Microsoft's Lost Decade and Server Management

Something else Vanity Fair didn't say that Microsoft got right

Andy Patrizio, in this blog post, continues discussing his thoughts on the Vanity Fair article, "Microsoft's Lost Decade." This last article mentions some things Microsoft has done right!

One thing he mentions is the growth of Windows Server. While at the start of the "lost decade," Windows Server was considered a departmental server; according to IDC, Windows Server sales now represent 71% of all quarterly server shipments, powering most major ecommerce servers - in contrast to a decade ago, when UNIX was the leader.

Something not mentioned in the article was the growth of Microsoft's Server Management Tools division. Ten years ago, we had MOM 2000 and SMS 2.0. The term "System Center" had not yet seen the light of day. (System Center was first announced at MMS 2003.) Since then there have been three new releases of Operations Manager and Configuration Manager, two of Service Manager, not to mention Data Protection Manager, Virtual Machine Manager, Orchestrator ... and all the other components now part of System Center 2012.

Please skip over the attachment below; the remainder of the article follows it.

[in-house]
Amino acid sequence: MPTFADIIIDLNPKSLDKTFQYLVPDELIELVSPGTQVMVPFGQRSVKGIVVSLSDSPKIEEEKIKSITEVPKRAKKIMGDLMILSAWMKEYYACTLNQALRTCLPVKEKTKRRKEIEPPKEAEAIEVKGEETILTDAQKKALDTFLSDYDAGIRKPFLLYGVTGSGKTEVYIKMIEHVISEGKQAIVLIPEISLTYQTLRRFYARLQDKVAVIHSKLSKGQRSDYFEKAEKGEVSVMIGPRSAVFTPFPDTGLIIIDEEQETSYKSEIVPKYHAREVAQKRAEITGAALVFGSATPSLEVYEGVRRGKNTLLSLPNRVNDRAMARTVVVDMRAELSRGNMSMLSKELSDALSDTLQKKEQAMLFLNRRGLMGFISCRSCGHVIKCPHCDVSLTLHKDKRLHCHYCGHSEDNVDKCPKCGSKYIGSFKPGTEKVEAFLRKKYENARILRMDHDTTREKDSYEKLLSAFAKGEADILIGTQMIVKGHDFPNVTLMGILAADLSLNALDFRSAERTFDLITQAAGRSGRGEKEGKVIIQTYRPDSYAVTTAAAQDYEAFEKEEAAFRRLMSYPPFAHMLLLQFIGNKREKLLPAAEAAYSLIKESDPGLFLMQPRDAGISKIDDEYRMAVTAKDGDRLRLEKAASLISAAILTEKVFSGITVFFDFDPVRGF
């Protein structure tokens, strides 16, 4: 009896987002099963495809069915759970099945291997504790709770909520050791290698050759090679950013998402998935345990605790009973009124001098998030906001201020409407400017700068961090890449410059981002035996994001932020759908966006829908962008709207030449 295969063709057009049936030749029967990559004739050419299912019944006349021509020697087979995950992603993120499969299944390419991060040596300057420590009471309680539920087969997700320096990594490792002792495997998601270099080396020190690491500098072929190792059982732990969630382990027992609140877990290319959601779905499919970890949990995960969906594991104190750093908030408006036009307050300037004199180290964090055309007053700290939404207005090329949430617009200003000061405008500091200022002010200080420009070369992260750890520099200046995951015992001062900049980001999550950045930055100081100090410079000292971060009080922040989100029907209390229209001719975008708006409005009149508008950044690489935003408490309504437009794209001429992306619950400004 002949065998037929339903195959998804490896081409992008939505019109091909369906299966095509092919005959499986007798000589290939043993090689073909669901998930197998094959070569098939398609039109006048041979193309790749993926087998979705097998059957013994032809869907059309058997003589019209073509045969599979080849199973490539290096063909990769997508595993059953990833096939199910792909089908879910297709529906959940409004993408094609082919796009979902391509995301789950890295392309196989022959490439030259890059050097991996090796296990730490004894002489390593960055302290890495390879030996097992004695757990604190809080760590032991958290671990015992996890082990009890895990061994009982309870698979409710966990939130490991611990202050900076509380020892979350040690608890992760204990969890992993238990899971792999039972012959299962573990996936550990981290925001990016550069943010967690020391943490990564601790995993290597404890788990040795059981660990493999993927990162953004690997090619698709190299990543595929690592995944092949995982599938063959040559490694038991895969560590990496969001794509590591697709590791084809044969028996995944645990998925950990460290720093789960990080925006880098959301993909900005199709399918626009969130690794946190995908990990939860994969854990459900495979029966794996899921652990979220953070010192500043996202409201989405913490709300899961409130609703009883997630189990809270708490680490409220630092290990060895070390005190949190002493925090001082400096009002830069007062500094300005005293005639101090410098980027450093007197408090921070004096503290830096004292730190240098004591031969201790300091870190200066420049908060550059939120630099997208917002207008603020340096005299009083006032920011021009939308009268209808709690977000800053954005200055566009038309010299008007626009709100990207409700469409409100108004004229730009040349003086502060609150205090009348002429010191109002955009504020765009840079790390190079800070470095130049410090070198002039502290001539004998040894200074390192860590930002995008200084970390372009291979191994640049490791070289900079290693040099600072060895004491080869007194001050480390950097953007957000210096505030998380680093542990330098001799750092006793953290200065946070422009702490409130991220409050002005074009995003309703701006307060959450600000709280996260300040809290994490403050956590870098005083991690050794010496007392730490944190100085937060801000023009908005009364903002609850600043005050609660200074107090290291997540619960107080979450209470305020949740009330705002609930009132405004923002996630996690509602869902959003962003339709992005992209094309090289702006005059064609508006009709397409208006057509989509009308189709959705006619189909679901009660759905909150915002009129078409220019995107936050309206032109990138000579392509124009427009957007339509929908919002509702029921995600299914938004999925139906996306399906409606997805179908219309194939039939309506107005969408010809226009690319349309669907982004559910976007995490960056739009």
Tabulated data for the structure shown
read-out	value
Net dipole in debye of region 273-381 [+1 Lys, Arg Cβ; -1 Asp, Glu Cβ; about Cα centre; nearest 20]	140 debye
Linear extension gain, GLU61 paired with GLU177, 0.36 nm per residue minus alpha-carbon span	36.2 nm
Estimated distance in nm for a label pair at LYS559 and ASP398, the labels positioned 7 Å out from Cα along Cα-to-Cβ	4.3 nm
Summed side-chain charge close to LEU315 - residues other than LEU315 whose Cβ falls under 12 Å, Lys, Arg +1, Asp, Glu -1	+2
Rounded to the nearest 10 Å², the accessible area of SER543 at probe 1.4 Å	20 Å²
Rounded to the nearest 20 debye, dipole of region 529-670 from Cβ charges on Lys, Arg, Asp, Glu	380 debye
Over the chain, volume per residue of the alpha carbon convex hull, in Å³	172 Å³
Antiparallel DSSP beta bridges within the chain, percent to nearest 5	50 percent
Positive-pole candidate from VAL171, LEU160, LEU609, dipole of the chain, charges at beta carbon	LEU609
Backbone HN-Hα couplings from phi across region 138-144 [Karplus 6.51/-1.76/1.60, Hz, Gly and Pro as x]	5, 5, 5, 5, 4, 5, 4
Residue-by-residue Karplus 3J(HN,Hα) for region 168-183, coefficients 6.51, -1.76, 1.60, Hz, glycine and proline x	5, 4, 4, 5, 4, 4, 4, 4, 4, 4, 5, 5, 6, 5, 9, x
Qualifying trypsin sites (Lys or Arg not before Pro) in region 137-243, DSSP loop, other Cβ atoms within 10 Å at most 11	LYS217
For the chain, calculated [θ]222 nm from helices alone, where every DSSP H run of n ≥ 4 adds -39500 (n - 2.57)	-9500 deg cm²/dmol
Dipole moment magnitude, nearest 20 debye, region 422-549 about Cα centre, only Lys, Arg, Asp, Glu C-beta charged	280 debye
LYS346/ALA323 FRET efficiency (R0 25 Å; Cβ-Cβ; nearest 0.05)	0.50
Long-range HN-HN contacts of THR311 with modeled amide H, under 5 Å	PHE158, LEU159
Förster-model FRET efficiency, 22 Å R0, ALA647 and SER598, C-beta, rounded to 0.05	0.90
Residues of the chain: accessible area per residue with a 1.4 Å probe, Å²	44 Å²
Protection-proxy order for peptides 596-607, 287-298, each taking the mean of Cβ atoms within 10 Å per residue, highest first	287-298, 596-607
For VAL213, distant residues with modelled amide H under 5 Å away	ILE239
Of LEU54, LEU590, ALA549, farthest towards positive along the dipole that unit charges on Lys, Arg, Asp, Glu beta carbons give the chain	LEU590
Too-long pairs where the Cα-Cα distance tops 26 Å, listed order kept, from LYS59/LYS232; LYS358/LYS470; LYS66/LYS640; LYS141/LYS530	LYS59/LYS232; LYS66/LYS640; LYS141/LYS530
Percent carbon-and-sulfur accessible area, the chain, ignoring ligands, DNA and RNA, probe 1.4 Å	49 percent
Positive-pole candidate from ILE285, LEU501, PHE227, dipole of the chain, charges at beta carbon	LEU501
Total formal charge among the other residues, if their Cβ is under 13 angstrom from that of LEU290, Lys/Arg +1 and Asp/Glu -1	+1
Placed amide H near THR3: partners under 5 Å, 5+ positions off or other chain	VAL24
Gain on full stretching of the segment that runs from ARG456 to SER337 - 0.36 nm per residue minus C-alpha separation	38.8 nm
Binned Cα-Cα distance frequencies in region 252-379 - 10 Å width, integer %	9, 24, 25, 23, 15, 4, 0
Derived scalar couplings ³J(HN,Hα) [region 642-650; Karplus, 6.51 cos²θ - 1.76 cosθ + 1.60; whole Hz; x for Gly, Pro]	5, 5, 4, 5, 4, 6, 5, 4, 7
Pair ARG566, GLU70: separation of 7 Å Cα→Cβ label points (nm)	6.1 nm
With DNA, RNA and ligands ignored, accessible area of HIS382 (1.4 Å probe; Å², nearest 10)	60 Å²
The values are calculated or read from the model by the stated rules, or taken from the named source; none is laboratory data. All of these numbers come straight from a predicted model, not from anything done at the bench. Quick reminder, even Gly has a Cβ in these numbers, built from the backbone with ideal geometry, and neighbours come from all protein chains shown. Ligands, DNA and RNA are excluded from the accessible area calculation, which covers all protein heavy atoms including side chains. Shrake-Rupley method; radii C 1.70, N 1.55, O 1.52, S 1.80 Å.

To have an enterprise-capable operating system, you have to have tools to manage it. You need to know when systems may be having issues (preferably proactively), you need to be able to manage software deployment, patch management, to monitor for malware, and have a functional helpdesk. You need to manage your backups, be able to integrate the various components in your datacenter, and manage virtual machines and the cloud.

The growth of the Server Management Tools division and adoption of System Center goes hand in hand with the growth of Windows Server! Yes, Microsoft definitely got that right.

Copyright © 2012 IDG Communications, Inc.

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